Winning the DC Comics license away from Mego Corporation and Mattel with their emphasis on action and art, Kenner devised hidden mechanisms within the figures that would trigger an action when the figure's legs or arms were squeezed. This emphasis on each figure's "super power" led to the naming of the line -- The Super Powers Collection! Each figure in the first two series were also packaged with a mini-comic featuring that character's adventures. In all, three series of figures and accessories were released, but after three years of production the line collapsed. Regardless, this line was always better than Mattle's Marvel Comics Secret Wars line that went toe-to-toe with it. POW!! Take that Jim Shooter!!!


7.) MASTERS OF THE UNIVERSE (1982-1988)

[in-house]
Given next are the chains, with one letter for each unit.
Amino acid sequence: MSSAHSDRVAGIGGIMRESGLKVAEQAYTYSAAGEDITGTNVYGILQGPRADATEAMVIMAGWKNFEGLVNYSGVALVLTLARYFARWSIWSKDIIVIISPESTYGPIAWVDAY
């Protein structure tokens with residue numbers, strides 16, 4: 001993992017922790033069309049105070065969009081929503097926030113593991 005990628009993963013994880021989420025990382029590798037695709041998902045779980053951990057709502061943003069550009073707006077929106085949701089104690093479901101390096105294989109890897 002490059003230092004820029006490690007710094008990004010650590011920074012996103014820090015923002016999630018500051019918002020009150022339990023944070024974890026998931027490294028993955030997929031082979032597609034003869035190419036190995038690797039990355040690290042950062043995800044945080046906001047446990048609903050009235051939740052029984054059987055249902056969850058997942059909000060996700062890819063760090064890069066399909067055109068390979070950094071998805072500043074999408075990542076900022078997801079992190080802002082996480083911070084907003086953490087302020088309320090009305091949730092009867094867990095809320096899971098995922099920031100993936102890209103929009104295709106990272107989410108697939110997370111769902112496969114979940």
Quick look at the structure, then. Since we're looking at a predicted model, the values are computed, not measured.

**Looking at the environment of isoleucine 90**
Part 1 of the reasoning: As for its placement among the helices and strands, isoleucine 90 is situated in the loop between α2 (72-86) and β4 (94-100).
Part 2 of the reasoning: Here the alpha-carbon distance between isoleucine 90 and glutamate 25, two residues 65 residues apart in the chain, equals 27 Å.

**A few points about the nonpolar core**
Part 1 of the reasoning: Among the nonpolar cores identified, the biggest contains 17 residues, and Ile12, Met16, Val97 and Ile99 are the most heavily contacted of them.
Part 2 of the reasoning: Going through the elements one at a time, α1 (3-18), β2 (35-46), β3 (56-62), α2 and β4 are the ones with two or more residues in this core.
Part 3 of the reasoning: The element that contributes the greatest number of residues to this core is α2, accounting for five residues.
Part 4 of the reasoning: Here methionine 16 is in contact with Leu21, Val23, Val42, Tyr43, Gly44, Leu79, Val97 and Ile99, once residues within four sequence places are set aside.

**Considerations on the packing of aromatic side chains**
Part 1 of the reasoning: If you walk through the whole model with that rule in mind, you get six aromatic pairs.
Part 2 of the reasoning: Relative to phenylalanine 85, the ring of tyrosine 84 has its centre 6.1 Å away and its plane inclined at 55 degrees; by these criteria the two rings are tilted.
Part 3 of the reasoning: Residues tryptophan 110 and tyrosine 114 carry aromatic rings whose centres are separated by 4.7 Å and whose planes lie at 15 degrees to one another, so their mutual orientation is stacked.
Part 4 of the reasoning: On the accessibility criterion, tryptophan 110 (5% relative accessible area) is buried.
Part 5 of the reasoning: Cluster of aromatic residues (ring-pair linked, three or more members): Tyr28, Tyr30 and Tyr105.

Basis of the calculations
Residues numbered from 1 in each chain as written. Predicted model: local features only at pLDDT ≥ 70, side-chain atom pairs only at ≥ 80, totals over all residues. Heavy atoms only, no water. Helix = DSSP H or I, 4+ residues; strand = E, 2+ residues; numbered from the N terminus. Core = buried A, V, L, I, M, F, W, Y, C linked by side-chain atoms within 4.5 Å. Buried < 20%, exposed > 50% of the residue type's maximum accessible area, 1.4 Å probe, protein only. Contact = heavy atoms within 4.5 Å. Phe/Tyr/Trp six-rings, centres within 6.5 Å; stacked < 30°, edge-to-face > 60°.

Masters of the Universe (commonly abbreviated MOTU and sometimes referred to as "He-Man," after the lead hero) is a media franchise created by Mattel. The main premise revolves around the conflict between the heroic He-Man, real name Prince Adam, and the evil Skeletor on the planet Eternia, with a vast line-up of supporting characters in a hybrid setting of medieval sword and sorcery and sci-fi technology. Later spin-offs, especially She-Ra, Princess Of Power, also featured He-Man's sister She-Ra and her struggle against the Evil Horde, along with other planets/settings; however the main premise usually remained the same. Since its initial launch, the franchise became a pop culture phenomenon, spawning action figures, cartoons, movies, comic books, and newspaper strips. This toy line was so popular that they defeated Kenner's Star Wars line on toy shelves and cancelled it.Yeah, He-Man really was the most powerful man in the universe at this time.